Laying the foundation for an AMIGOS summer
Nicol (Project Director) and I (Jordan, Assistant Project Director) have been busy, busy, busy setting up the Matagalpa project. The to-do lists sprawl across the wall of project house and all the way on to “the cloud.” I believe every AMIGOS summer is at first punctuated by these moments of an overwhelming view of the future ahead. Nevertheless, these flashes of everything yet to be done are overtaken by the beauty of the community around us.
To start, we met with our partner agencies, who shared their vision for the summer and all they believe that we can accomplish. We have sat down with host families, eager to receive participants and teach them about their cooking, their schools, and how to plant avocado trees. And, we have broken tortilla with our friends over talks as simple as the sureness of the rain to come later this season and things as complicated as the challenges facing young people in a rapidly changing country.
The network of people supporting our project has motivated us to plan this unique program. All the while, gifts of freshly picked limes and the tastes of blueberry-lavender ice cream fuel our work.
More staff arrive in country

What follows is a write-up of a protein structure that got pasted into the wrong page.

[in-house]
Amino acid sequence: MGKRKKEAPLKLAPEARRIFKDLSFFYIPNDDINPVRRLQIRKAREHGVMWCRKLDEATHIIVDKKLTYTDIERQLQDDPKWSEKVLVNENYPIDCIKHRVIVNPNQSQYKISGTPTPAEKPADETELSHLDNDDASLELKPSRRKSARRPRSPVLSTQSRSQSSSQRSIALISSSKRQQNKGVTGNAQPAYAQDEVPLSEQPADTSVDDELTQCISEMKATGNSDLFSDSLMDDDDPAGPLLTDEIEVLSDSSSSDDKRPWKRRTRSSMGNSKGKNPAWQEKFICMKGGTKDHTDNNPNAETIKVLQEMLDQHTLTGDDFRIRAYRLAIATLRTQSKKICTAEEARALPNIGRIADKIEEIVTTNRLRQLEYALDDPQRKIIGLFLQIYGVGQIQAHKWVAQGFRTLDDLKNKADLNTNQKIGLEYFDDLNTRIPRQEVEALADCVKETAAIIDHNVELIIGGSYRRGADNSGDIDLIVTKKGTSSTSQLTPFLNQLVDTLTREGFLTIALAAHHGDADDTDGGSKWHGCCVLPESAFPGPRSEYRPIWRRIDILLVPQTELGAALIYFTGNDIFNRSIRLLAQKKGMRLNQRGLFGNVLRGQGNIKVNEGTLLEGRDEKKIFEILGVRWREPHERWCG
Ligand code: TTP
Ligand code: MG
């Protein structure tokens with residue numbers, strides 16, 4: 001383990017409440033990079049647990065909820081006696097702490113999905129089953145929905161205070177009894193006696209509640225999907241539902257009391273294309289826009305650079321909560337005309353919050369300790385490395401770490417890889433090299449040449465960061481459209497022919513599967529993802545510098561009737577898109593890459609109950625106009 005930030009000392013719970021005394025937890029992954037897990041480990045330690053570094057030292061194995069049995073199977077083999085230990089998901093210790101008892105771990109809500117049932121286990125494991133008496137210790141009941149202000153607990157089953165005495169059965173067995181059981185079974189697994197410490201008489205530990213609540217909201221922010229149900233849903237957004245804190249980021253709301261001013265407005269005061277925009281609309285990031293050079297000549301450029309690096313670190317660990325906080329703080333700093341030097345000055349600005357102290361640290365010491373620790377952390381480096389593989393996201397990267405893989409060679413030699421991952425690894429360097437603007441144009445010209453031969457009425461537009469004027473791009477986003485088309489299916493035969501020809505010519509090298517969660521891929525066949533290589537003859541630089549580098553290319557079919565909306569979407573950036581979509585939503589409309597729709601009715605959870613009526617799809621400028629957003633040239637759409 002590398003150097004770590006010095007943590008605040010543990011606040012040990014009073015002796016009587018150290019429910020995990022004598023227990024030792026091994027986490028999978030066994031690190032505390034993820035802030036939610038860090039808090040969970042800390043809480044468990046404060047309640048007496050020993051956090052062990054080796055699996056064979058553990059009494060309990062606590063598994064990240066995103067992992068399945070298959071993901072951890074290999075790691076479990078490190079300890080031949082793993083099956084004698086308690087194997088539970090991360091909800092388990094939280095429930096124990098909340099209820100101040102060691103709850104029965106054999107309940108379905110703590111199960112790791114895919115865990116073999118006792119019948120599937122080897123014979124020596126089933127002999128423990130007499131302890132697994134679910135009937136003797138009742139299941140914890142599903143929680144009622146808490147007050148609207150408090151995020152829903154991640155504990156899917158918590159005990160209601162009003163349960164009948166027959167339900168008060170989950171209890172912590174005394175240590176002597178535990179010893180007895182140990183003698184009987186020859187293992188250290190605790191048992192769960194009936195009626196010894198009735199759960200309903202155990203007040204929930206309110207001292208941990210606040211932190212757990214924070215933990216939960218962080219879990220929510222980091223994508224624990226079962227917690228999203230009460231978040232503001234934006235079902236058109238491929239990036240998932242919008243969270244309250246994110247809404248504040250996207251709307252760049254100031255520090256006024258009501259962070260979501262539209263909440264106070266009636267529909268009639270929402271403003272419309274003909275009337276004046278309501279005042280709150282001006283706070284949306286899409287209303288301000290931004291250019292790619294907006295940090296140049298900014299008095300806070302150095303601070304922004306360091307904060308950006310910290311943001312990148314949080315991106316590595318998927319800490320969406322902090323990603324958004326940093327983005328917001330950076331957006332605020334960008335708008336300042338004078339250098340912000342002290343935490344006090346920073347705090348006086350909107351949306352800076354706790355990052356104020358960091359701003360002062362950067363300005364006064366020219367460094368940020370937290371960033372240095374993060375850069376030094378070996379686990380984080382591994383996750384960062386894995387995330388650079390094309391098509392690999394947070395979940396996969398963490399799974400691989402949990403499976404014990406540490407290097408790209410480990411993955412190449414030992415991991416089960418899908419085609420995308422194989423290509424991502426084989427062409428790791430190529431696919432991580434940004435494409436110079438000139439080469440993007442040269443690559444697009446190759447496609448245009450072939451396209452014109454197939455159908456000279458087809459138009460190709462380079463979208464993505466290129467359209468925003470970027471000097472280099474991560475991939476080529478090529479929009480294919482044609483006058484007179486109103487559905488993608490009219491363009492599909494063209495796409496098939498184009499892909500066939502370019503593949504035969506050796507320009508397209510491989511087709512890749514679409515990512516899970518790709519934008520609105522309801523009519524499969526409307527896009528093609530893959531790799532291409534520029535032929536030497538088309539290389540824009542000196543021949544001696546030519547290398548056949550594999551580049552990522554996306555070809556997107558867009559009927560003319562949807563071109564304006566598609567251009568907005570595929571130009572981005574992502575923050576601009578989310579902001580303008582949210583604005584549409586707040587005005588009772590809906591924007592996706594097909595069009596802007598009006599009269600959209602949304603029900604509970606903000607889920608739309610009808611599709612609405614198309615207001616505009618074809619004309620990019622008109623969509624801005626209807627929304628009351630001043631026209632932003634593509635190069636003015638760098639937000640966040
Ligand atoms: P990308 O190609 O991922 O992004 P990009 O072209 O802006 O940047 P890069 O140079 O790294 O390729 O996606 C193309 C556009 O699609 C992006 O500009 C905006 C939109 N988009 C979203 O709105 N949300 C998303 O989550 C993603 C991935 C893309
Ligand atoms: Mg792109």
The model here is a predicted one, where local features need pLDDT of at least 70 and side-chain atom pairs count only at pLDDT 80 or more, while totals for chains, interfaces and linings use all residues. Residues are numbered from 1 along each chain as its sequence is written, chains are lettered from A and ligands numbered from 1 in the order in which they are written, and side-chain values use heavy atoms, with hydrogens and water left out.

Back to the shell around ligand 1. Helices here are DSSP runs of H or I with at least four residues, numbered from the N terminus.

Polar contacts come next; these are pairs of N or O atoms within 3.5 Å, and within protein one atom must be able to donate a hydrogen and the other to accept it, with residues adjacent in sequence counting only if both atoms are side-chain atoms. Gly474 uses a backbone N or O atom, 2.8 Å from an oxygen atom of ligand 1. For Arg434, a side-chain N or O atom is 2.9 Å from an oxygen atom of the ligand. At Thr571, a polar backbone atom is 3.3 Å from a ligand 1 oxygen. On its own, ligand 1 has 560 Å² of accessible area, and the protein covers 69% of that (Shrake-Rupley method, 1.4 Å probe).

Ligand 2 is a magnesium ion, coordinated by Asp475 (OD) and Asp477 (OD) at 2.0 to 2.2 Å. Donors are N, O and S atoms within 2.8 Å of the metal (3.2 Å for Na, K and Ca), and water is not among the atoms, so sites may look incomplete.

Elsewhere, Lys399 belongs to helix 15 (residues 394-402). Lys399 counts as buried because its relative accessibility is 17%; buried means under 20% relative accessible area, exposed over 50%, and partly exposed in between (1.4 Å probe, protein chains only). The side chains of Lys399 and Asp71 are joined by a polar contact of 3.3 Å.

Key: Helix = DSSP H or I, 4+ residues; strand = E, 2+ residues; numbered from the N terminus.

Supervisor arrival was a whirlwind. After four different flights and some hot days and nights in Managua, we were united as the Matagalpa 2017 Project Leadership Team. For as much fun as an AMIGOS summer can be, supervisor training is one of the most demanding aspects of the project. Some supervisors’ days started at 5 AM with a bus to project house and ended late at night!
Training sessions at project house were broken up by meetings with partner agencies. These are Nicaraguan organizations with objectives similar to AMIGOS. They support us in countless ways, including community and host-family selection, logistical support, and keeping an eye out for us when we are out and about. Supervisors had in-depth meetings with PRODESSA, UCA San Ramón, and Movimiento Comunal. Our project puts a lot of focus on maintaining these relationships through meetings with all levels of the team.
After about 40 hours of training and 43 plays of the song Despacito we took a Saturday off for a trip to La Cascada Blanca. With the lion’s share of our work done for the week, we enjoyed an awesome spectacle of nature and dipped our toes in the water that flows further downstream to nurture the coffee crops of our host families and community youth. There is a saying here, ‘la que siembra cosecha,’ or ‘who sows seeds, harvests.’ Investment and hard work pay off. We see this all over, whether in a fun day at a waterfall, preparing for the challenges of supervising young people, or in the future collaboration between AMIGOS and our partner agencies in 2018, 2019, and beyond.